The name that we read, so to speak,— Armand D'Angour (@ArmandDAngour) July 12, 2018
Must surely be heard '@sentantiq'.
But I will confess
That it bothers me less
Than the way one reads Latin or Greek.
Are you in search of the ‘wisdom’ of the ancients, but don’t know where to begin? Are you looking for more than the locus classicus--do you long for the odd and the obscure as well?
Then you’ve come to the right place! Through this blog, and the accompanying Twitter feed (@sentantiq), we aim to bring you some of the most famous (and also most confounding) quotations from the ancient world. In addition, we also take pleasure in shining lights on some of the forgotten shelves and corners of classical heritage. You’ll find tidbits from the Archaic Age in Greece all the way through imperial Rome and up through the fall of Byzantium. By Jove, if there is something somewhat classically oriented later than that, you might find it too.
In the real world, we are teachers and compulsive readers. At times, we even dabble in some forms of scholarship as well (longer translations, commentaries etc.). So Sententiae Antiquae is something of a digital commonplace book, replicating all the delights and horrors of ancient authors like Aulus Gellius, Aelian, Macrobius and Philostratus. We are not saying we are anywhere near as good as these guys. But we do quote from them from time to time…
Please feel free to comment, question, share your own favorite quotations! We are always willing to widen the circle with additional correspondents, so feel free to email Erik Robinson (firstname.lastname@example.org) or Joel Christensen (email@example.com).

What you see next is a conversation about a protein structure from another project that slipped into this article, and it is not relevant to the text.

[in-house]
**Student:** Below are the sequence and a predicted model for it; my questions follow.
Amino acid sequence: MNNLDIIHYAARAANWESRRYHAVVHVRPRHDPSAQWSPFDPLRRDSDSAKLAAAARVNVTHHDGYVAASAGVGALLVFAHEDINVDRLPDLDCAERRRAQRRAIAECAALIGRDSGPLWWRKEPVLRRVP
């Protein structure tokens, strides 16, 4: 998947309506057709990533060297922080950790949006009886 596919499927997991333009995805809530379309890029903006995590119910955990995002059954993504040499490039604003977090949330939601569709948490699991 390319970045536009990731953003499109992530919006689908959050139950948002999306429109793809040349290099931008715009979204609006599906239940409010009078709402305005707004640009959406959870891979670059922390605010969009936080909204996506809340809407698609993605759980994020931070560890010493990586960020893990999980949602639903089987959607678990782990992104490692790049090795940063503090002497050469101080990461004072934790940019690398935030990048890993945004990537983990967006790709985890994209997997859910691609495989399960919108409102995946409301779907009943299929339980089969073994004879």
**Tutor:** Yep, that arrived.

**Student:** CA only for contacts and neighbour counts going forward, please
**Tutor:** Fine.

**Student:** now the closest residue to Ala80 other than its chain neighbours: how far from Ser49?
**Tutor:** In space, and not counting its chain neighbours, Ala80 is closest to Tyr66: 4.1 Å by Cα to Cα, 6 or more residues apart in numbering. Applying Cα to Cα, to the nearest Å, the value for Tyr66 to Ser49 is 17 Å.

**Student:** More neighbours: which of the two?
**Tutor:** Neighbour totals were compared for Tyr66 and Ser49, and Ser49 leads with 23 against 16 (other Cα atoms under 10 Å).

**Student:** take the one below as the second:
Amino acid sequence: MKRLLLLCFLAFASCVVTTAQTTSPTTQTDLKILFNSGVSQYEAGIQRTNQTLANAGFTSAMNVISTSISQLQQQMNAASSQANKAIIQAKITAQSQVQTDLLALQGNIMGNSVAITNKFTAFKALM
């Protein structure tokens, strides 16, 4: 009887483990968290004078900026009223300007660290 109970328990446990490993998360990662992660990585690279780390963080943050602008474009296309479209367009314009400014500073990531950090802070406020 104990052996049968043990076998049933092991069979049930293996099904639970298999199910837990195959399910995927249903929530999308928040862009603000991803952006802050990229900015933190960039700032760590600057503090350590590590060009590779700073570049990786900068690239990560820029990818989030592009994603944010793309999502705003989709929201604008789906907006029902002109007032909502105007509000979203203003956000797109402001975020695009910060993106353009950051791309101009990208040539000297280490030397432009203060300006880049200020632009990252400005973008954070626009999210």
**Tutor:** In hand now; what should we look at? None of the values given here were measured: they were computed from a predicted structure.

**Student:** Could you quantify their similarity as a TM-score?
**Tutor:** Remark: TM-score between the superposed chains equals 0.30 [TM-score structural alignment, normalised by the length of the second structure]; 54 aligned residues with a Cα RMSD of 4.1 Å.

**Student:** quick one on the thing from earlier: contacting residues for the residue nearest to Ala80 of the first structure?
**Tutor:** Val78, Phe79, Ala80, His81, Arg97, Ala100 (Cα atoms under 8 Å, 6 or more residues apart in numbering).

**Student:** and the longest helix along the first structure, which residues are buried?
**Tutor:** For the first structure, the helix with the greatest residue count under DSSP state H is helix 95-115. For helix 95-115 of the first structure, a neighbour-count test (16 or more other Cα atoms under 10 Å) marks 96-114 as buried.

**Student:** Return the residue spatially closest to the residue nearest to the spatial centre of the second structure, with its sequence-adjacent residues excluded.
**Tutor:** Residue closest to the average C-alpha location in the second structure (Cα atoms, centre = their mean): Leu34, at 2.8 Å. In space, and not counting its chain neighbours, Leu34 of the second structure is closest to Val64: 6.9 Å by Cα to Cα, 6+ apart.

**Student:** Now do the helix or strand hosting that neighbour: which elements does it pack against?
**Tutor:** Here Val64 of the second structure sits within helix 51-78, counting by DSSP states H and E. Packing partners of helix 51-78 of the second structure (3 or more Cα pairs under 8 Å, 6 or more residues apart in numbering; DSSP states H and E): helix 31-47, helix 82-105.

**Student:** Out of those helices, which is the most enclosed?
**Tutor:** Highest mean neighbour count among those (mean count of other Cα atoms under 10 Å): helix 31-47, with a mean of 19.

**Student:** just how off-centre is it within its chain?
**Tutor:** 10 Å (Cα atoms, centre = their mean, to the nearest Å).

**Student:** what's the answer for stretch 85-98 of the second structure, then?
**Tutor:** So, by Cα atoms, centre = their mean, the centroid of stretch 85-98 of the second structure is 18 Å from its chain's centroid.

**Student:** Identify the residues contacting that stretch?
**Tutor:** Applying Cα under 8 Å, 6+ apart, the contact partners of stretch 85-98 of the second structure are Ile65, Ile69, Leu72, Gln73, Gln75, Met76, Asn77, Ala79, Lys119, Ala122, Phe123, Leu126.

@sentantiq is a national treasure.— Myke Cole (@MykeCole) March 16, 2019
We are always rethinking, expanding, or trashing our mission. Currently, we have two mottoes, one Greek, one Latin:
ΕΥΔΟΞΑ ΑΓΝΩΣΤΑ ΚΑΤΑΓΕΛΑΣΤΑ
GAUDIUM IN PRAECLARIS RISUS IN DETERRIMIS
For now, this says it all.
We have collected 10 years of our common tweets in the SA Facebook, available to download for free.
Sometimes we write blogs elsewhere. and in other places. Sometimes the translations on this page make the leap to the real world: on the stage or the printed page.
On some occasions, we end up in the news: The Hindu, BrandeisNow, The Daily Beast, Prospect Magazine, The Conversation, The New York Times linked to us once….even NPR got in the game along with NH Public Radio and Arnie Arneson (more than once), and WORT’s 8 O’Clock Buzz.
Scott Lepisto once put Joel on the Itinera podcast. Ok, he did it twice. See also an appearance in Ancient Rome Refocused to talk about frogs and mice and on the Archive of Performances of Greek and Roman Drama podcast to talk about Reading Greek Tragedy Online. (And we are on A Bit Lit
too!) See also this conversation in Kallion’s “Leading Thinkers” podcast, or these appearances to talk about The Many Minded Man with Cornell’s 1869 Podcast or Metalearn or this interview about Achilles on Ithaca Bound.
Interested in O Brother Where Art Thou? We talked about that with Movies We Dig!
33 thoughts on “About”
Just wanted to let you know that I love your blog. I’ve told everyone I know to check in on it.